2. Upon dying, you simply return to the last Guru you talked to, at full HP and MP, and with all of your current items and equipment intact; but, all experience that exceeds your Rank's requirements is lost (and your excess gold, naturally). To reiterate: If you died at the Rank of Aspirant with over 1000 experience, your current experience value once again becomes 1000. Even if you had 2200 or more experience you will NOT rank up until a guru grants you a new rank.
This means you can still grind for cash, spend it, go get killed by monsters, and still retain a low rank. This is also addressed in a "trick" below. So, while difficult, it should still be possible to beat the game at ranks Champion to Myrmidon, as most, if not all, areas requiring Wing Boots have footholds/grounds at higher elevations to be able to use another pair should the first run out.
If you are overly cautious about Wing Boot Time, but still wish to have better starting gold and acceleration, then try to only gain enough experience to reach Myrmidon rank and keep it by avoiding combat and by dying (to knock you back to 22000 experience) until the later stretches of the game, where visiting gurus becomes mandatory within the plot (i.e. plot-specific gurus). Check the video below for an easy, if tedious, way to raise your experience point value should you so desire.
Editor Note 1: Regrettably, I have no actual hard numbers as to how much time and/or frames per second spent walking is incrementally reduced per successive Rank up. However, I can say that from a first-hand account it is indeed affected. If anyone could produce exact numbers, it would be appreciated.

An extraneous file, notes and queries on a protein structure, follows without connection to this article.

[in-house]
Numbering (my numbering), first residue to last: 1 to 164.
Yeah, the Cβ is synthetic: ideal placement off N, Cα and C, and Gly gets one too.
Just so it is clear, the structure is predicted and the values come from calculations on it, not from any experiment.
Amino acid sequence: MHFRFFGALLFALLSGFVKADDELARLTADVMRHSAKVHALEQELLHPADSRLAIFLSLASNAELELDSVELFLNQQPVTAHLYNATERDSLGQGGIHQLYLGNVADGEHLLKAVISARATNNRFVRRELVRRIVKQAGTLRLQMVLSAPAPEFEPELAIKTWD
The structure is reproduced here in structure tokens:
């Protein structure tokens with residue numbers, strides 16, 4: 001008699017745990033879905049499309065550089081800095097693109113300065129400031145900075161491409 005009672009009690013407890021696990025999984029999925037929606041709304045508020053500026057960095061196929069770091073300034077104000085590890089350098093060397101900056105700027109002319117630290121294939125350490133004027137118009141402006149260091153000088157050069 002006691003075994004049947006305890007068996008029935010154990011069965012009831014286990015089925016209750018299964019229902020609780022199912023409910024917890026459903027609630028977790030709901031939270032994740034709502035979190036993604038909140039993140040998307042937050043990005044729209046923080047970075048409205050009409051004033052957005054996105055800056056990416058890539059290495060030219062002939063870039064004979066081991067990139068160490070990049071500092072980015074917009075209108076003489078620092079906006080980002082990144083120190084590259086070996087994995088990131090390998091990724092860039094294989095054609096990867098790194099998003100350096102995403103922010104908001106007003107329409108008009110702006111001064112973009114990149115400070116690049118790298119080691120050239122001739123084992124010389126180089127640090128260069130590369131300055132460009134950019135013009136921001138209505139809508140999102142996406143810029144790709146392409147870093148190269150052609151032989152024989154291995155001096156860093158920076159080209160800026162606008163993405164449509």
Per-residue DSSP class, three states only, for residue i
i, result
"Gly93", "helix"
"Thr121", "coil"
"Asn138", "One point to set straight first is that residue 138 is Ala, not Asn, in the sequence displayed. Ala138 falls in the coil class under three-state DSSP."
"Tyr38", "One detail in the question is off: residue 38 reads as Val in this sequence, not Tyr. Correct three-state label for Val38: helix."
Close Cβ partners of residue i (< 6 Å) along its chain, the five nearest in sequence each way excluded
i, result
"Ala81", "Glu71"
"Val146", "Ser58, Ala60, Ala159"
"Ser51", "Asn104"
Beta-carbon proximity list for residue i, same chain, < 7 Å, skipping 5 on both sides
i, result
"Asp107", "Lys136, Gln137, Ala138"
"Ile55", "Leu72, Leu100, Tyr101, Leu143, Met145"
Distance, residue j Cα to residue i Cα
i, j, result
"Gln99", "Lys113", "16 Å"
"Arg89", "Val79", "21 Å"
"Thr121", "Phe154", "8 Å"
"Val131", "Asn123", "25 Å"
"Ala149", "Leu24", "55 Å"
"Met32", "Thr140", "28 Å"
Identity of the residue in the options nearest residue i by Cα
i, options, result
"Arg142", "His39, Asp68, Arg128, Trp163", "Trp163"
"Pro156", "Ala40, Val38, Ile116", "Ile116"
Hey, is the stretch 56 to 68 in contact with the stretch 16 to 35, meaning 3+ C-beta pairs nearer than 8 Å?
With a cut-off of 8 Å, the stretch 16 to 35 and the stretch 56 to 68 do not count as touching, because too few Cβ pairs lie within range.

Editor Note 2: Should you actually be using passwords, getting a higher rank might happen inadvertently, just because you want to turn the game off. As such, you have to deal with a bit more tedium when considering factors about Ranks versus just reaching a stopping point. Just use your own personal discretion, I'd say. As noted above, it's possible to beat the game at pretty much any rank.
Money in Faxanadu is fairly easy to get, but as noted, there's a few workarounds to get more faster than just grinding your ass off. The easiest, if a bit tedious and somewhat counter-intuitive to your Wing Boot Time preferences, is to just Rank Up at the Guru, and "utilize" (i.e. abuse) your Starting Gold stat by dying and resurrecting constantly. There's literally no real drawback to this other than taking the time to do so. Naturally, you've likely figured out it's better to do so at a higher rank, as your starting gold stat pretty much outweighs any major costs, or at least means you won't have to waste much time grinding for extra cash to make a payment.
Warrior rank at 10000 experience is a pretty even rank that's both easy to reach and nice to stay at early on, as your starting gold stat is 3500, which is enough to buy a single pair of Wing Boots. In addition, it's also enough to buy the Studded Mail at the town of Forepaw (2500 gold), the Long Sword at Forepaw (1600 gold), and a decent amount of change to buy a handful of miscellaneous items such as Red Potions and Keys. Furthermore, your walk-to-run time is shortened enough to be noticeable, and your wing boot time is 30 (which, for a single use, is long enough to make some mistakes when exploring about, while still having about enough left to get where you want to).
Early on, there's a nice, little exploit to take advantage of the elf King's behavior patterns before leaving Eolis (the starting town). You can see it in the labeled video below.